We often get the question from those new to cycling, “exactly what is a power meter”? Folks also want to know how they work and why they should use one. We love these questions, so let’s get right to it.
What is a Power Meter
A power meter is an electronic device that measures the power, or torque, the rider generates when they turn the pedals. Hence the term ‘power meter’, as it is truly metering or measuring power. There are several different types of power meters, depending on where on the bike they are located. For example, a crank-based power meter has power sensors built into the crank (typically the spider). A pedal-based power meter has power sensors built into the pedals. You get the point. You can put a power meter on virtually any bicycle – road, mountain, track, cyclocross, BMX, etc.
Power is a measurement of the work you do on the bike. It is the most accurate way to measure your effort. Cycling power meters measure power in watts.
Assioma DUO Power Meter Pedals
How Do Cycling Power Meters Work
Power meters measure torque using what is called a strain gauge. A strain gauge is a tiny electronic device whose electrical resistance varies depending on how much resistance (strain) is put on them. In the case of a crank arm-based power meter for example, the strain gauge measures how much your crank arm is flexing when you push down on the pedals.
Graphical depiction of a strain gauge. Provided by Quarq
Using electronics located within the power meter, the strain gauge converts this flex into an electrical resistance. Based on the amount of electrical resistance, the power meter can calculate how much torque the rider is generating. Torque measurements are multiplied by cadence in order to calculate power (again, measured in watts).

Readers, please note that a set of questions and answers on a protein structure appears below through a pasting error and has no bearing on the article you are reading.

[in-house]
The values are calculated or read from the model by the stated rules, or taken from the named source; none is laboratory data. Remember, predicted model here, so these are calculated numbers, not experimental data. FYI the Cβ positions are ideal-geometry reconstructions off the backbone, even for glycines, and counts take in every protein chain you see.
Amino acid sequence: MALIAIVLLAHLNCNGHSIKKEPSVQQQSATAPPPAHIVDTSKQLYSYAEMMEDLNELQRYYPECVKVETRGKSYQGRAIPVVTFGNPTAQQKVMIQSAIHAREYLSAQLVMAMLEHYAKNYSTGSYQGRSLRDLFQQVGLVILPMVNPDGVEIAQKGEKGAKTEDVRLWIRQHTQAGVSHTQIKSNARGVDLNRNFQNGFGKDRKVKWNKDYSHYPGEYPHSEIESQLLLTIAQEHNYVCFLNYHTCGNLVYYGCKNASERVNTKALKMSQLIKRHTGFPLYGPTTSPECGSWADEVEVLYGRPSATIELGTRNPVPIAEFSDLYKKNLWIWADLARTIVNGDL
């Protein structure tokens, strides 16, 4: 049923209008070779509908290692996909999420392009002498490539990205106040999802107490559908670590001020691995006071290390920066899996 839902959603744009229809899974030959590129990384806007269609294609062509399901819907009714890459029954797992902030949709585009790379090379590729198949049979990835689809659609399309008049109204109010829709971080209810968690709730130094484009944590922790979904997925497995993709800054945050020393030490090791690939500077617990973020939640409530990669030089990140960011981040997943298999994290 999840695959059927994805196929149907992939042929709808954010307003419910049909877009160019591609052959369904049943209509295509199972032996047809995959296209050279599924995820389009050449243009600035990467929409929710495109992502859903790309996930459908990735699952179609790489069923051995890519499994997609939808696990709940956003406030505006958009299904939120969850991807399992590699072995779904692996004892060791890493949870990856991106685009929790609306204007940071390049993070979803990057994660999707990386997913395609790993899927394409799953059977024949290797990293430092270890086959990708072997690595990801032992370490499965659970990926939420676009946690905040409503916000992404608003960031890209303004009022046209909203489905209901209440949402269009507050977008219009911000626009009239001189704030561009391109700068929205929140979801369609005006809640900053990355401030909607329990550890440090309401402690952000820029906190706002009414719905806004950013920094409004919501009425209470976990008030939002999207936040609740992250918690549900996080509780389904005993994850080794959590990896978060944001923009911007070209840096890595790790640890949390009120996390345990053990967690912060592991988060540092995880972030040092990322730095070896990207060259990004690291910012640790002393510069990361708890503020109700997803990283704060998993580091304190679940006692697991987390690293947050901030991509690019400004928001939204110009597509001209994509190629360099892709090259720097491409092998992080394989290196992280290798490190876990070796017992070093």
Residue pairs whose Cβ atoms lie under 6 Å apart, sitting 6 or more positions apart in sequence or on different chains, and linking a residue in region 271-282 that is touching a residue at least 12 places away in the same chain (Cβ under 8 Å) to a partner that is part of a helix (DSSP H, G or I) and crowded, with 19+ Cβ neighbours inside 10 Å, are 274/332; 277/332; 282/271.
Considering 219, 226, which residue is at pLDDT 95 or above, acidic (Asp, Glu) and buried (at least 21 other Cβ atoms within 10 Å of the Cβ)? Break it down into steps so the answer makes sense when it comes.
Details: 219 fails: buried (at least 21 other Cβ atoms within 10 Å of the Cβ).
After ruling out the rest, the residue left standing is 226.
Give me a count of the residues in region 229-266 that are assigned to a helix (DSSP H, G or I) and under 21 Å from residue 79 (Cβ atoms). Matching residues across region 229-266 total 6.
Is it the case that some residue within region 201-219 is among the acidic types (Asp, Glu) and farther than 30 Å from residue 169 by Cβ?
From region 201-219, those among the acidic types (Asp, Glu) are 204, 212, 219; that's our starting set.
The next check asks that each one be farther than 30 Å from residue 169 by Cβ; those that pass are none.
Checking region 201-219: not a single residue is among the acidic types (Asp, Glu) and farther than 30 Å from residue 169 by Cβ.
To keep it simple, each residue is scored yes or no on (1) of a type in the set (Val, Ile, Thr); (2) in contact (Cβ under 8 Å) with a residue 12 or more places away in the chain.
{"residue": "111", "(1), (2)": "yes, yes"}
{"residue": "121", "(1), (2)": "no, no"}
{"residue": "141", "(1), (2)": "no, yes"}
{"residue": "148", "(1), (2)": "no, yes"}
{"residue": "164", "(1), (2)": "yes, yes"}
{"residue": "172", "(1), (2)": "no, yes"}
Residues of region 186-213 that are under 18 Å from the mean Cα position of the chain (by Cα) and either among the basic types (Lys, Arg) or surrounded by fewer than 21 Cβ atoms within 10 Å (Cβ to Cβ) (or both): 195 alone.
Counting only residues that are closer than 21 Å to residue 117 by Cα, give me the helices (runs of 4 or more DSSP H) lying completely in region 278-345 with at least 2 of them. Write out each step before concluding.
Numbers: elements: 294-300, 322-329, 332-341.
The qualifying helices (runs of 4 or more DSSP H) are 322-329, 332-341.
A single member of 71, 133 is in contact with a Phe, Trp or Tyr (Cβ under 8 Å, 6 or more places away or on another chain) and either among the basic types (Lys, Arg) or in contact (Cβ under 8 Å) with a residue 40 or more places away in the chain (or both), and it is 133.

The number of strain gauges, the alignment of the strain gauges and the materials used all determine how accurate a power meter is. The precise measurement of torque is the biggest challenge power meter manufacturers face. The microscopic bending that the strain gauges must precisely measure is the key to accurate results. This largely explains the cost inherent in power meters. It requires an extremely high level of engineering and precision to fit the strain gauges within a power meter. Regardless, strain gauge-based systems were the original method of measuring power. These systems remain the most widely used and accurate power meters today.
Data from the power meter is transmitted in real-time to a handlebar mounted computer (‘head unit’) or to your smartphone or GPS watch via a wireless protocol. The two wireless protocols used by power meters today are ANT+ and Bluetooth SMART. The head unit displays power data such as current, maximum and average power, as well as serves as an all-around cycling computer, displaying things like heart rate, speed, distance time and much more.
Here are two popular head units:
SRM PC8 PowerControl
Garmin Edge 520
Benefits to Using a Cycling Power Meter
With cycling, many things affect how fast you go. Winds, gradients, weight and more all determine your speed, so it’s very difficult to gauge precisely how hard you’re working. With a power meter, you can directly measure your work rate and fitness. It takes the guesswork out of riding and allows you to quantify your efforts. Power meters provide an objective measurement of real output. This affords the rider numerous advantages. Simply put, if you want to know how you’re doing, check your power!
Summary: What is a Power Meter
So next time someone asks you, “what is a power meter”, you’ll know! Power meters are an invaluable piece of technology when it comes to tracking and improving your fitness. While power meters have been around for nearly 30 years – since SRM developed the first system in the late 80’s – they’re now more popular and more affordable than ever.